I should mention some of the things I liked particularly. Bennett brings the issue of colorism to life, and creates a memorable story about “passing.” It isn’t the first, of course - ever since the second half of the 19th Century, white dudes have written about it, for better or worse. (William Dean Howells at least wrote about interracial marriage - even if the couple did have to move to Europe at the end.) Later, during the Harlem Renaissance, African Americans wrote far better and nuanced books about passing. However, The Vanishing Half feels far more modern - in a good way - and thus resonates more for white readers more familiar with their racist uncles in the 1970s than their KKK great-great grandparents in the 1920s. 


Another thing that I loved was the way Bennett handled Reece, the rare example of a transgender character. This is definitely not a “the lesbian dies in the end” kind of story. Reece is also not a sidekick. He is neither an angel nor a villain, although he is a decent, kind, and admirable character. He comes across as thoroughly human, with his own hangups, insecurities, struggles, and passions. And, of course, nothing horrible happens to him at the end. 


Finally, the final theme, perhaps, of the book, is the need for growth, change, and flexibility. It is the characters who cannot or will not grow who end up in the saddest place. Stella in particular seems to resist positive change. On the one hand, she does go back to school, and finds some positives in a more feminist approach. But she also cannot push past her own fears even to admit to her daughter what Kennedy already knows about her past. It seems doubtful that she will ever actually make a connection. Not with her husband or daughter, not with her twin sister, and probably never with anyone. 


Kennedy too seems stuck in her past by the end, not really sure how to have a genuine relationship with anyone. Sam destroys his marriage because he refuses to channel his own insecurities into positive change rather than violence and attempts to control.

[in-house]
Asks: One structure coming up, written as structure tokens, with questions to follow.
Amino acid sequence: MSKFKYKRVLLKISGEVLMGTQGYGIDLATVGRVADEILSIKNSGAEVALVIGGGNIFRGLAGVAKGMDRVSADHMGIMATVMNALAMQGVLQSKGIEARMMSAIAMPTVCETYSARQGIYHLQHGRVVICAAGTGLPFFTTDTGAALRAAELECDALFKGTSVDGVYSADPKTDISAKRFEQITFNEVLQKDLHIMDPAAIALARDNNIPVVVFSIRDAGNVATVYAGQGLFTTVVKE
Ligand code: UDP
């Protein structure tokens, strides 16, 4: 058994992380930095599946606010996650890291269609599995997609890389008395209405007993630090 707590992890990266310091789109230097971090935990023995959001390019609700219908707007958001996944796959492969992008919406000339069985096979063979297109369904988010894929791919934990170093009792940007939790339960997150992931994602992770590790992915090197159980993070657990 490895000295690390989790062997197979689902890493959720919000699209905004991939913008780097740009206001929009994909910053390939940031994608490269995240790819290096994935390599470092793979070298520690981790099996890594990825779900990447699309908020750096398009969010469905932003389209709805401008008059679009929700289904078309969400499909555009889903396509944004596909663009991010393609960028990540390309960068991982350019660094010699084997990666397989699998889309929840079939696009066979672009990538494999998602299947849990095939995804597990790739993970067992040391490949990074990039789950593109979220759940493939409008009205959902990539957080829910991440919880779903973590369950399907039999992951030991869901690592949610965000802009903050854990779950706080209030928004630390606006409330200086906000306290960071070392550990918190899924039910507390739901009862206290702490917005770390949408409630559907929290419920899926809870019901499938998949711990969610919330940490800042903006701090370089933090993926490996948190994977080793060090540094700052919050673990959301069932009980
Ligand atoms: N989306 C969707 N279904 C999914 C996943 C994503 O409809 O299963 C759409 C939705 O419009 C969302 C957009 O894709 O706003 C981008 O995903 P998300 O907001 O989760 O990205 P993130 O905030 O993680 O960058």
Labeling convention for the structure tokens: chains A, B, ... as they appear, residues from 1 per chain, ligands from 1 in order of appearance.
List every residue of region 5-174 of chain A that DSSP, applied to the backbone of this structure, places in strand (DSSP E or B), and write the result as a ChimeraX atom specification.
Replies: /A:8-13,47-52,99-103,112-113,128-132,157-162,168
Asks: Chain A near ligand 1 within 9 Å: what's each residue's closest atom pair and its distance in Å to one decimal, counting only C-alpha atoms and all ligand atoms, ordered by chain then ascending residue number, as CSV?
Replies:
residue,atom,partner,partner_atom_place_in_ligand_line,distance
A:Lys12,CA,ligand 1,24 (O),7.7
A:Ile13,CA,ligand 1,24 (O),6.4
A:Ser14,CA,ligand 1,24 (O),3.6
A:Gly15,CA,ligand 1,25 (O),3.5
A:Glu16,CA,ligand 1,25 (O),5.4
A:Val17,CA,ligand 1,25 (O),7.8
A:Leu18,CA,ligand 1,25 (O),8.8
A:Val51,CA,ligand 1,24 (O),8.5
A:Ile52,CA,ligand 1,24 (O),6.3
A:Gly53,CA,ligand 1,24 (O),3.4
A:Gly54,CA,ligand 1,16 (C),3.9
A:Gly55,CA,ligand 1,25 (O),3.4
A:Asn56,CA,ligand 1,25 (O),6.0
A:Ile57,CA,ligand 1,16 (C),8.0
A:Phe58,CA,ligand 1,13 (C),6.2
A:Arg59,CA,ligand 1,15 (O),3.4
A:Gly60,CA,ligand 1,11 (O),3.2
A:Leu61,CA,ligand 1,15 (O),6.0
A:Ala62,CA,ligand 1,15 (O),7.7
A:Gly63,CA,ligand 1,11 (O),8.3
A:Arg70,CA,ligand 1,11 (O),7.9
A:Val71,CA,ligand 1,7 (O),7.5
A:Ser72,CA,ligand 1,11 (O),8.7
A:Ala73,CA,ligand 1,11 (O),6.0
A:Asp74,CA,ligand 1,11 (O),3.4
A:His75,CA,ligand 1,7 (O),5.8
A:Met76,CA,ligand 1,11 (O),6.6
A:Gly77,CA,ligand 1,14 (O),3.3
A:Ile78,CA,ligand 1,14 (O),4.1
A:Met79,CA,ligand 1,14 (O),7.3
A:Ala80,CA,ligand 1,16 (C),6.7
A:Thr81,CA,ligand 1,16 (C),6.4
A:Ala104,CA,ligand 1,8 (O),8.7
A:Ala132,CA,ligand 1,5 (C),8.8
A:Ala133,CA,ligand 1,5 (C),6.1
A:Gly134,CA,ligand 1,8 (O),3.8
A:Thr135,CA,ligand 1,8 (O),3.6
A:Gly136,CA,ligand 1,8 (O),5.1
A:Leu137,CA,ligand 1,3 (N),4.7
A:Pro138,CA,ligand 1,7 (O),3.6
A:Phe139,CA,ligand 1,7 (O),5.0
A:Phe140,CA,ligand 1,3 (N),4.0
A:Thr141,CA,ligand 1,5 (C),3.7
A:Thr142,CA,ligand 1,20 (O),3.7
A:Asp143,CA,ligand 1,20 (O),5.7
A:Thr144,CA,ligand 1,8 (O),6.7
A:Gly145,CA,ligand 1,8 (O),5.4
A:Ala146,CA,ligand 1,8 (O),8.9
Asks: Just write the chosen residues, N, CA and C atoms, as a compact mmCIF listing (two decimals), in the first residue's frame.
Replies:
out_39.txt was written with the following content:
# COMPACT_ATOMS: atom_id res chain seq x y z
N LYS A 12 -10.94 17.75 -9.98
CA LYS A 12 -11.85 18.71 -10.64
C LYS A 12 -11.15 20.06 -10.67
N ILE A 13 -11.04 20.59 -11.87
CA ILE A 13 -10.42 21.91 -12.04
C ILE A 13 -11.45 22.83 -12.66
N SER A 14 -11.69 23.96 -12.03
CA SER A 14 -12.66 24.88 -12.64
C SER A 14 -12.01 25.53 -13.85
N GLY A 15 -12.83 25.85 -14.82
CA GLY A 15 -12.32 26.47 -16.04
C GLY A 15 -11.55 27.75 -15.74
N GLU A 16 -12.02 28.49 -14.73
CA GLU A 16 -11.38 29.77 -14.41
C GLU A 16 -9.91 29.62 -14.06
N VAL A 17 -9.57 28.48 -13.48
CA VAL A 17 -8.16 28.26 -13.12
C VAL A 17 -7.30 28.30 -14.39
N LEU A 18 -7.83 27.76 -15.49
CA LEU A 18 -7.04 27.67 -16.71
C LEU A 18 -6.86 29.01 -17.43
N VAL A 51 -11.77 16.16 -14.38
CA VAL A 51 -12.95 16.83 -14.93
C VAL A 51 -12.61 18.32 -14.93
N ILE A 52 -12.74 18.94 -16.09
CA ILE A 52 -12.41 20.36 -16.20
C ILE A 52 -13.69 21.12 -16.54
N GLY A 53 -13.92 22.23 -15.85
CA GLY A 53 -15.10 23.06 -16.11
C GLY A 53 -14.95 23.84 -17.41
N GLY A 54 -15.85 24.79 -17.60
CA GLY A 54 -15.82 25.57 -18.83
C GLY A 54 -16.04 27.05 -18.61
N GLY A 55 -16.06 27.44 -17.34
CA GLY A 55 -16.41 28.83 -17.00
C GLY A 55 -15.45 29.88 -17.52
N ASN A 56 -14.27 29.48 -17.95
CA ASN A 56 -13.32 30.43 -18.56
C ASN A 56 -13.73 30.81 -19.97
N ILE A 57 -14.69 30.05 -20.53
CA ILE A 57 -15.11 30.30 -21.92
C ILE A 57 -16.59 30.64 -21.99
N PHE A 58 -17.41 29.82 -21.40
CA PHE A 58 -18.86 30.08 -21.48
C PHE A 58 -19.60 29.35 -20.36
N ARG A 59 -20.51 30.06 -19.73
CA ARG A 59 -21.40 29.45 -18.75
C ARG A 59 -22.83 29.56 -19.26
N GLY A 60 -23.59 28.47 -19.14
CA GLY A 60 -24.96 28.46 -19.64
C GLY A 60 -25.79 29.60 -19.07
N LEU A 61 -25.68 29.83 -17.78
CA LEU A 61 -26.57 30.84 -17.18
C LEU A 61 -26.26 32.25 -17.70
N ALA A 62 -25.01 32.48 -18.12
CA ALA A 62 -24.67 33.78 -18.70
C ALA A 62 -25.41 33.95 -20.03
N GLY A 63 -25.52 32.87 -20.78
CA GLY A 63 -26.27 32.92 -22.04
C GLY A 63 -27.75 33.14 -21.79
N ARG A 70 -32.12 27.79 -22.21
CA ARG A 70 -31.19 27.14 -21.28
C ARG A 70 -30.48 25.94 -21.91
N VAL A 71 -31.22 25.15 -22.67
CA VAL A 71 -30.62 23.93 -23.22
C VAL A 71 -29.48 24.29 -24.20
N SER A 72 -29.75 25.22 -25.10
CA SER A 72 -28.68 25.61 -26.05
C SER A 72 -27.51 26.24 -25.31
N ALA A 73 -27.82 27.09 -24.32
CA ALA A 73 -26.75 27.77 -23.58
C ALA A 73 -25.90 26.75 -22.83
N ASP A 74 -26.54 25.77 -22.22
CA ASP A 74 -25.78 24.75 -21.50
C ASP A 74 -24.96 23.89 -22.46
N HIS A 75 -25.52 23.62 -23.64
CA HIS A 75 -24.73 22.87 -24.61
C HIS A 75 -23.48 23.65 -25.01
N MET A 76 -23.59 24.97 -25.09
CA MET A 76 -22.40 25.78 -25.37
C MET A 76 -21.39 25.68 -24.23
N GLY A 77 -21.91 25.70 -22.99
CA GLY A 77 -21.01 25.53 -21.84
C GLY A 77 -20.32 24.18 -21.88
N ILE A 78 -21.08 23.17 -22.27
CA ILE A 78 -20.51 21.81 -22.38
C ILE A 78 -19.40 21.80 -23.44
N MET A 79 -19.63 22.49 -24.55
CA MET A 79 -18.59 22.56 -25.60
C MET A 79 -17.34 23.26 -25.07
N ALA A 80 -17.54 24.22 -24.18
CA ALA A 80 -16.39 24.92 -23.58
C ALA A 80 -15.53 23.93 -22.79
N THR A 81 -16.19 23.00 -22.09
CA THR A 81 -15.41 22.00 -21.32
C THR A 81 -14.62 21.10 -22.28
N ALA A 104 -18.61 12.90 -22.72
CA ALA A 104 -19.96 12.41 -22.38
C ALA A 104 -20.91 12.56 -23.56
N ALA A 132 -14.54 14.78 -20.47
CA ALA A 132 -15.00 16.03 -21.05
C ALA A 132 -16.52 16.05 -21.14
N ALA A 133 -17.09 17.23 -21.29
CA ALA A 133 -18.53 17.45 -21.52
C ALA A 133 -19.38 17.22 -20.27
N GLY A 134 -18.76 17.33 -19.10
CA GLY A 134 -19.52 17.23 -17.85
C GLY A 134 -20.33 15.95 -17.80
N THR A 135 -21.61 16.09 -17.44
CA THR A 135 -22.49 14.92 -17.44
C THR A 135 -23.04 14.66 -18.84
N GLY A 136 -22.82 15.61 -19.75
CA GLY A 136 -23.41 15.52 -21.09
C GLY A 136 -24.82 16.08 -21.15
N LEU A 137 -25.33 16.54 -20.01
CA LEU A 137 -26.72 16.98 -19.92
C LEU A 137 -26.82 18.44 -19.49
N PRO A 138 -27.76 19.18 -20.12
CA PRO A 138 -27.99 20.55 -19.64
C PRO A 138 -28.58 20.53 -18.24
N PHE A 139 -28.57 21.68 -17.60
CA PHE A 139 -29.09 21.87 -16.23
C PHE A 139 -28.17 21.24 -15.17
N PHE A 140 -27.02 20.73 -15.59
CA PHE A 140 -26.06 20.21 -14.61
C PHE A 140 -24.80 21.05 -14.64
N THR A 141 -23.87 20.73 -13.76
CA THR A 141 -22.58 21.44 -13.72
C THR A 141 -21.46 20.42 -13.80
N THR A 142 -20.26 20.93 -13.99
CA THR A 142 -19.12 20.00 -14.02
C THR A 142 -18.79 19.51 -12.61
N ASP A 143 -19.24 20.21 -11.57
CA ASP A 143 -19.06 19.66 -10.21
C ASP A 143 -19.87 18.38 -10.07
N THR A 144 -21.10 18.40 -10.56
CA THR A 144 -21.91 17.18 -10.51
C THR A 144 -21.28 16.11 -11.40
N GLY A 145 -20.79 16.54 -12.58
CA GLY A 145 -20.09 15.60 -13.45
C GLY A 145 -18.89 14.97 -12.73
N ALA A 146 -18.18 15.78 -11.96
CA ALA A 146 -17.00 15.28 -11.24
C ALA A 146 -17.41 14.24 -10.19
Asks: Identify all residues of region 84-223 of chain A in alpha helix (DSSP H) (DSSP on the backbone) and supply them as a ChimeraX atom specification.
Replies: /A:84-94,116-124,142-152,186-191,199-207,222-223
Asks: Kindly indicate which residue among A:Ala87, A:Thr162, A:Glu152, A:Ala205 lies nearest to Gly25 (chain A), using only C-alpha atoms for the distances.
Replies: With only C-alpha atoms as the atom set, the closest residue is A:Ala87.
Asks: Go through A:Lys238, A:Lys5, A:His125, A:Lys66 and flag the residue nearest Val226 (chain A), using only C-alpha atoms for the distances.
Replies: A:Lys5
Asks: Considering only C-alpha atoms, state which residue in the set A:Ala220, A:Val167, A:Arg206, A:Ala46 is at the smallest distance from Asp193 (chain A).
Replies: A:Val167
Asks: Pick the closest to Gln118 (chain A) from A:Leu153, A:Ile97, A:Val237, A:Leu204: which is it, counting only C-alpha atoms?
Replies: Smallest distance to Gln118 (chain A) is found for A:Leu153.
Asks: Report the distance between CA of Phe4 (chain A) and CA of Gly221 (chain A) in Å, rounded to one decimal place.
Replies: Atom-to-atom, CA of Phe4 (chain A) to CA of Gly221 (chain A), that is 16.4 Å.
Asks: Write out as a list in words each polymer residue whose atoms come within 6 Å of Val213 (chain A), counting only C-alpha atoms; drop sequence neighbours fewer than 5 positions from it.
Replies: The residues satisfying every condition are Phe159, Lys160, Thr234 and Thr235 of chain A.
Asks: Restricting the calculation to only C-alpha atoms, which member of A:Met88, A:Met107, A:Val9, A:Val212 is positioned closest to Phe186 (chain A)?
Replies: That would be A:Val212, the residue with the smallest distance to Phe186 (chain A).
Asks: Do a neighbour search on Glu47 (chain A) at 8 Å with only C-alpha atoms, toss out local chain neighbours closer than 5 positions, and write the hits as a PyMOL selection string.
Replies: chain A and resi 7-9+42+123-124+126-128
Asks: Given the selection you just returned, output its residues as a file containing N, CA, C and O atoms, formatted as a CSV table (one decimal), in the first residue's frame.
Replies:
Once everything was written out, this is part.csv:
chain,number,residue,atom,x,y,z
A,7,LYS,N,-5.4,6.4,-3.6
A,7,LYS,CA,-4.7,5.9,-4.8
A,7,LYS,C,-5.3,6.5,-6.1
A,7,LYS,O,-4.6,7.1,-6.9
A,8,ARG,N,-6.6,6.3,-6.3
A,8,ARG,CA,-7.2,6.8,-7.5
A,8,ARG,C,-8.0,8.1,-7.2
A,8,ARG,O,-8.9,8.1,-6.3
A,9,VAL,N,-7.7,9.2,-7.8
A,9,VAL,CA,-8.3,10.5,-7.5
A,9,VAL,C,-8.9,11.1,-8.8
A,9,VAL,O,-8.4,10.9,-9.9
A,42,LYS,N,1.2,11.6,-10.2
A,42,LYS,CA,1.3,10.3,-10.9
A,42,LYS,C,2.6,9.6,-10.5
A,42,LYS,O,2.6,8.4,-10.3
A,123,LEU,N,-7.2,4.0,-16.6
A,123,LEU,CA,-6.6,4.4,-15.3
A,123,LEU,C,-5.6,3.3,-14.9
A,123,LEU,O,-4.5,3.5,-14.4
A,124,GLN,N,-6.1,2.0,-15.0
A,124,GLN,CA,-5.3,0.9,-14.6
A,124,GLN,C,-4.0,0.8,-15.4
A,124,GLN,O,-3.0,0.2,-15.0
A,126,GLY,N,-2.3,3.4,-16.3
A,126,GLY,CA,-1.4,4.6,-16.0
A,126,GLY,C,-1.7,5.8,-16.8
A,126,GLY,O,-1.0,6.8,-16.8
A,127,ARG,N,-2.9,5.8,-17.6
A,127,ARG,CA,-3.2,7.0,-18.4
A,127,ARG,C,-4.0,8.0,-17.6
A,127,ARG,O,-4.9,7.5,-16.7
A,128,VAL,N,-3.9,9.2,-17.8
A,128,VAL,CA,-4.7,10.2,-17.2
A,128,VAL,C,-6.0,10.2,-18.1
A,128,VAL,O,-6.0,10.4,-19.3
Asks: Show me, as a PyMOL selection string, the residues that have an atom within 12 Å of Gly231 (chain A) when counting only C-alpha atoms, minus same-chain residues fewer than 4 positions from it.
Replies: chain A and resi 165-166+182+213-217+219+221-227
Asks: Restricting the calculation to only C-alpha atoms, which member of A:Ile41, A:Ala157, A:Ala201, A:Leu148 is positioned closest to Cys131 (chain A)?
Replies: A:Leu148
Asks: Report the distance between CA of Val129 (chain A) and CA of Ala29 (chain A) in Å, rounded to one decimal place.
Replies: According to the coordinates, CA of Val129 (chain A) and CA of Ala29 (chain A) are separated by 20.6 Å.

The characters who do change and grow seem to find the most belonging and connection. Jude is open and honest, and accepts those on the fringe of mainstream society. She even makes more of a connection with Kennedy than Kennedy is able to reciprocate. Reece expresses himself in kindness and vulnerability with Jude, and learns to let her see all of him. Desiree learns to accept the love of Early, whose plodding and patient approach to life is a contrast to her former desire for excitement. Early overcomes his own history of trauma and abandonment and learns to give of himself in his own quiet way. In each case, growth takes place by accepting others that were previously marginalized, whether because of darker skin, gender identity, or marital status. 


As a final note, I should mention the audiobook. The only thing I hated was that it ended disks in the middle of paragraphs - occasionally sentences. I do not get this. If it really doesn’t fit any other way, just add a freaking disk, okay? 


That said, the narrator, Shayna Small, was outstanding. In particular, her regional accents, from Louisiana to Arkansas to the Midwest, to Boston, to my own hometown of Los Angeles, she nails them. Characters are easily distinguishable, including Stella and Desiree, who start out somewhat alike, and then diverge as the story goes on. That’s outstanding acting right there, truly inhabiting multiple characters. The audiobook is an experience in itself.